It becomes clear from what we have seen that what Christians are celebrating on Christmas day is the birthday of another 'Jesus' - Nimrod of Babylon. And at Easter time they are actually celebrating the resurrection of another 'Jesus' too - the sun-god that has brought summer to the northern hemisphere! Behind Nimrod and the sun-god stand Satan who actually receives that worship. The Israelites called their golden calf 'Jehovah', but it was Satan who received that worship (Ex. 32:4,5). Let all those who celebrate Christmas and Easter remember that and beware!
As we said at the beginning, Jesus was engaged in a constant battle with the Pharisees over this very issue - man's traditions versus God's Word. He faced more opposition for opposing the empty traditions of 'the fathers' than for preaching against sin. We shall find our experience to be the same, if we are just as faithful as He was.
It is the calling of the church today to expose these empty Babylonian celebrations that Satan has promoted in Christendom and to refuse everything (however innocent looking) that has no foundation in God's Word.
Some may quote Rom. 14:5,6 about those who keep a day as unto the Lord. This is referring to the sabbath-day, which some converted Jews still did not have light on to give up. Paul exhorted those who had the light of the new covenant to bear with these weaker Jewish brethren. But this certainly cannot be applied to the celebration of Ganesh Puja or Christmas or Diwali or Easter by Christians today!
God's Word alone is our guide and not the example of even godly men in those areas where they do not follow the Word of God. "Let God be found true even though every man be found a liar" (Rom. 3:4). "Check (their) words against the Word of God, says the Lord. If their messages (teachings) are different from Mine, it is because they have no light" (Isa. 8:20 LB). The Bereans searched the Scriptures to check up even on Paul's teaching, and the Holy Spirit commends them for it (Acts 17:11). That is a good example for all of us to follow.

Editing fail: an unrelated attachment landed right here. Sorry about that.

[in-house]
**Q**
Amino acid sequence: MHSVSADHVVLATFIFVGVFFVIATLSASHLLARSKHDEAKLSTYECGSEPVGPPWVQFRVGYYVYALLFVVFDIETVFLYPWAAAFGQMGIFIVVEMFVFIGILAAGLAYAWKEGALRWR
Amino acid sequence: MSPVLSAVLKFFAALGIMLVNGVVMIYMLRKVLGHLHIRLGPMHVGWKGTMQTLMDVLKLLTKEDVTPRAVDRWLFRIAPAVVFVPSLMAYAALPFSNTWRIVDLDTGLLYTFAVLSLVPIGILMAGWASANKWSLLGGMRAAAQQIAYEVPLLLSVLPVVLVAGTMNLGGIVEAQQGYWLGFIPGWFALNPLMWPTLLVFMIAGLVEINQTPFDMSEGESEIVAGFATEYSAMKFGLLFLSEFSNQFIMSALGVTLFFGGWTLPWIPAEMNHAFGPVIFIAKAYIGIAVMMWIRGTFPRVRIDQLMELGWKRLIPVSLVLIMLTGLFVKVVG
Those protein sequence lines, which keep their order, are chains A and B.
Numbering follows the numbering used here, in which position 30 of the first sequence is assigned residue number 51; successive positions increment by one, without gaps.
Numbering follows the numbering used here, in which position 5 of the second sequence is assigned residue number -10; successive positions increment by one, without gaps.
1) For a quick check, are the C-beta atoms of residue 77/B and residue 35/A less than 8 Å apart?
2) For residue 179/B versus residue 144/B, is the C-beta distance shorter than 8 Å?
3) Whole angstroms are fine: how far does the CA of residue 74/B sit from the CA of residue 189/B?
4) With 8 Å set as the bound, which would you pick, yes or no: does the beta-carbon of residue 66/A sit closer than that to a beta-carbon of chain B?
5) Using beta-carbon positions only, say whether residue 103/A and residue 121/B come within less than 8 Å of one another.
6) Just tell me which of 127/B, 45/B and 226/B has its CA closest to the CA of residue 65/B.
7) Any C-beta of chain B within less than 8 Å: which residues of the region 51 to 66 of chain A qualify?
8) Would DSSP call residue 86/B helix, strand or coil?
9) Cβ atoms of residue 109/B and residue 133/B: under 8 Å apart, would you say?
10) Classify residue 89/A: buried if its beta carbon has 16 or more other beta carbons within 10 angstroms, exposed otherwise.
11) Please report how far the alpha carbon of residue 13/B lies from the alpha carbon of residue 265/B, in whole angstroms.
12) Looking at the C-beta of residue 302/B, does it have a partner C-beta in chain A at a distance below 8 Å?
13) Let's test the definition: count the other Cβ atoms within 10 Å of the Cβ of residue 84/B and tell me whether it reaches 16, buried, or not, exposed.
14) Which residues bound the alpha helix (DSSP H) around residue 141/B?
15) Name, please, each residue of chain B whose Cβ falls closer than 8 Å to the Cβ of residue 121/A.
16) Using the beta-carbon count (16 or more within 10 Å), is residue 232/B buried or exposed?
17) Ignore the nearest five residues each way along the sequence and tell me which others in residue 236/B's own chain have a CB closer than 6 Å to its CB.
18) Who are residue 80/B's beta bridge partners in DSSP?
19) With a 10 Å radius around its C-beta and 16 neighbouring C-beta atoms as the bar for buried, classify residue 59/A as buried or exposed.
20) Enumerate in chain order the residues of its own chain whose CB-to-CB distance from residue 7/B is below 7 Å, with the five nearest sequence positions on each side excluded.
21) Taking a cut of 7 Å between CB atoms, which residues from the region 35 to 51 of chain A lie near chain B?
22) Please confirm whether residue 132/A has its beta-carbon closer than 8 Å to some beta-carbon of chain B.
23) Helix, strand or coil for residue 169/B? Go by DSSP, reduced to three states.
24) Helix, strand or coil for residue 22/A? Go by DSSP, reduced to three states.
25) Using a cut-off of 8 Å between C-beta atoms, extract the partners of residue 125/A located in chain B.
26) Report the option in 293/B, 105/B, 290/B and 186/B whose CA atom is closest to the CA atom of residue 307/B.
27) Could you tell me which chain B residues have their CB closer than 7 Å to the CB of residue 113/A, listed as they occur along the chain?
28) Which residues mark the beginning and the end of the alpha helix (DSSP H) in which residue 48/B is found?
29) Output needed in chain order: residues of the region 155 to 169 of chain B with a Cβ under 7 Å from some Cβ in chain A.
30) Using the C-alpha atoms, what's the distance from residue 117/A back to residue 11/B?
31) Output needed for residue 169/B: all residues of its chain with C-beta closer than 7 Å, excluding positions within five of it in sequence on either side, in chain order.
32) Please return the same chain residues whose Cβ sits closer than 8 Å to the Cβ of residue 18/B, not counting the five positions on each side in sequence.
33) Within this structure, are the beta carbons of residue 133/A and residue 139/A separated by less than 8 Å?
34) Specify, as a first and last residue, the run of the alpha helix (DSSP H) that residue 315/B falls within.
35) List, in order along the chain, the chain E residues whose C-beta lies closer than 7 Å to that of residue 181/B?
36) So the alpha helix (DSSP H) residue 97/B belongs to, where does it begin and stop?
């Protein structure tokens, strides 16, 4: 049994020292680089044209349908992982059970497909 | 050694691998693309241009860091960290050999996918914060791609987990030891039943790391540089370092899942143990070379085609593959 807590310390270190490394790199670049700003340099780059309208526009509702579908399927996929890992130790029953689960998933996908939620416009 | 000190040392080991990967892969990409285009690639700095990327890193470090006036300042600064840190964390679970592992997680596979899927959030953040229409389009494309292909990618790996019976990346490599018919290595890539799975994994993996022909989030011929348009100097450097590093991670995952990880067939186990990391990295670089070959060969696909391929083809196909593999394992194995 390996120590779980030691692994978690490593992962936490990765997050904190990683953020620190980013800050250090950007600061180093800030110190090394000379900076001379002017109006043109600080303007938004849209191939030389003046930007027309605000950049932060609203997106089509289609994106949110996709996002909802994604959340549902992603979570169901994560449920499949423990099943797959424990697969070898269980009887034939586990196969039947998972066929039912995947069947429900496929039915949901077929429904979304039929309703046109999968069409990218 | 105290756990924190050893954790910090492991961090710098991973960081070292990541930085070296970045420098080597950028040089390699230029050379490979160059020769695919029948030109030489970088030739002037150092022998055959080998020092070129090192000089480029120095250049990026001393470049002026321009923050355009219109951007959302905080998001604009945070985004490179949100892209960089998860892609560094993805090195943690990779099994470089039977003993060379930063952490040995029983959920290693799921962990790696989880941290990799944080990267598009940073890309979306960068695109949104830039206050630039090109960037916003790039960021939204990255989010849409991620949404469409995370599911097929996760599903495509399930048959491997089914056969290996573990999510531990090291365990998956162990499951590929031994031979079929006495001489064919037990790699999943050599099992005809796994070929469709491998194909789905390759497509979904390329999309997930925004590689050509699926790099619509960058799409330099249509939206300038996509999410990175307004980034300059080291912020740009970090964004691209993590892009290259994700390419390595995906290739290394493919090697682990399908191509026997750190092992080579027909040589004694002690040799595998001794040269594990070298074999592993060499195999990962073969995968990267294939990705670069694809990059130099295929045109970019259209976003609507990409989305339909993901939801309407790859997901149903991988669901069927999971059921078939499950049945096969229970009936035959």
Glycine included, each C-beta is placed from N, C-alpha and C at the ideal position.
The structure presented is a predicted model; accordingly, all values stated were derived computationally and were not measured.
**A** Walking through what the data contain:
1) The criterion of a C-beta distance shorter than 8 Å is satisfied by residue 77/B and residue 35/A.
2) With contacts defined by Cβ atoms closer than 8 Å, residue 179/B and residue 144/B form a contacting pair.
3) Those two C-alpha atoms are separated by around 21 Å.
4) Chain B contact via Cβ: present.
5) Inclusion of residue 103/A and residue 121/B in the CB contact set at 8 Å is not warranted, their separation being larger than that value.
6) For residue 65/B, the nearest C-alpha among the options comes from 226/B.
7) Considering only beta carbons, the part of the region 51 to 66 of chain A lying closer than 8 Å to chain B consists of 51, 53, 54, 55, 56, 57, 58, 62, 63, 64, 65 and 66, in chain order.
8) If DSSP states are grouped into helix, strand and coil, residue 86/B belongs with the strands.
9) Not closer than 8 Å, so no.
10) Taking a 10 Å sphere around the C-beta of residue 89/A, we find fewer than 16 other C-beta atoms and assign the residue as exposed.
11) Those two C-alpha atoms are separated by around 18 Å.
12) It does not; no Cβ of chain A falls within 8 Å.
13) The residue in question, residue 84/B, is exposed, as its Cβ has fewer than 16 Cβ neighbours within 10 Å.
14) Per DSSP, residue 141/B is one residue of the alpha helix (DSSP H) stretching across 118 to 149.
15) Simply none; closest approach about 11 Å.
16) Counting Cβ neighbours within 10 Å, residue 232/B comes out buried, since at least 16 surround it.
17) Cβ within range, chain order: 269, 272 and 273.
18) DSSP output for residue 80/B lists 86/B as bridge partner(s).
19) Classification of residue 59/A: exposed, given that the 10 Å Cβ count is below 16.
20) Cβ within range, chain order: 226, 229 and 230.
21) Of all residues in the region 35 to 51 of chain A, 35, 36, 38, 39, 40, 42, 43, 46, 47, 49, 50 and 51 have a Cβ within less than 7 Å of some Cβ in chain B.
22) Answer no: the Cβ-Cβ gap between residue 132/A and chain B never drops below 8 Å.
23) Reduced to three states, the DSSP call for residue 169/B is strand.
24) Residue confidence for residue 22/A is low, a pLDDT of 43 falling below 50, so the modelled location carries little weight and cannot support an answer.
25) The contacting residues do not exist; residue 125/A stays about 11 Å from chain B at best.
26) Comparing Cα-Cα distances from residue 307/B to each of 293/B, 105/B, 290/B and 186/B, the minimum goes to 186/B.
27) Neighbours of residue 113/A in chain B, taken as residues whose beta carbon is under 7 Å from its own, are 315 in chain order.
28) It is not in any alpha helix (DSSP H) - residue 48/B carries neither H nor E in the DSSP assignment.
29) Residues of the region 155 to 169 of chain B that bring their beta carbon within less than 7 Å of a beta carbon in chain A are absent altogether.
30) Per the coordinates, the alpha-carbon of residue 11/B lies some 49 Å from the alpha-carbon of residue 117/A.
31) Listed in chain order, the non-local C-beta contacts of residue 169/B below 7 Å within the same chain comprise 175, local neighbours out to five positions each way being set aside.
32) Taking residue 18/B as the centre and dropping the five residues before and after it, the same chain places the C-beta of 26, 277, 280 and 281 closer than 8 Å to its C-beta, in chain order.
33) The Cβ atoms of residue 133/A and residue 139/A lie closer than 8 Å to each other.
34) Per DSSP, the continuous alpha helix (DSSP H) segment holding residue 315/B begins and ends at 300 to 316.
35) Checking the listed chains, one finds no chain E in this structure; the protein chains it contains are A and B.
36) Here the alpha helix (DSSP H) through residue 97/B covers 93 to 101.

David was a man after God's own heart. Yet, for forty years, he permitted the Israelites to worship Moses' bronze serpent without realising that this was an abomination to God. He did not have light even on such obvious idolatry. It was a much lesser king, Hezekiah, who was given light to expose and destroy this idolatrous practice (2 Kin. 18:1-4). We can follow godly men in the saintliness of their lives and not in their lack of light on human traditions. Our safety lies in simply following the teaching of God's Word and not in adding to or subtracting from it.
True spirituality is to follow Jesus in all aspects of life. This involves primarily a taking up of the cross and obeying God's word in the power of the Holy Spirit in daily life. It also involves a forsaking of all human traditions that are not found in the New Testament. God desires a pure testimony in every place - a church that is not only free from all sin, but also free from Babylonian traditions.
Taken from [b]New Wine In New Wineskins by Zac Poonen[/b]
| 2005/12/11 23:35||Profile|
| Re: CHRISTMAS AND EASTER - CHRISTIAN OR PAGAN?|
While I think tracing some of the pagan roots of our modern Christmas is interesting, I don't believe it invalidates the regard that modern Christians have for it. Christmas traditions, like most symbols have cultural and even personal meanings.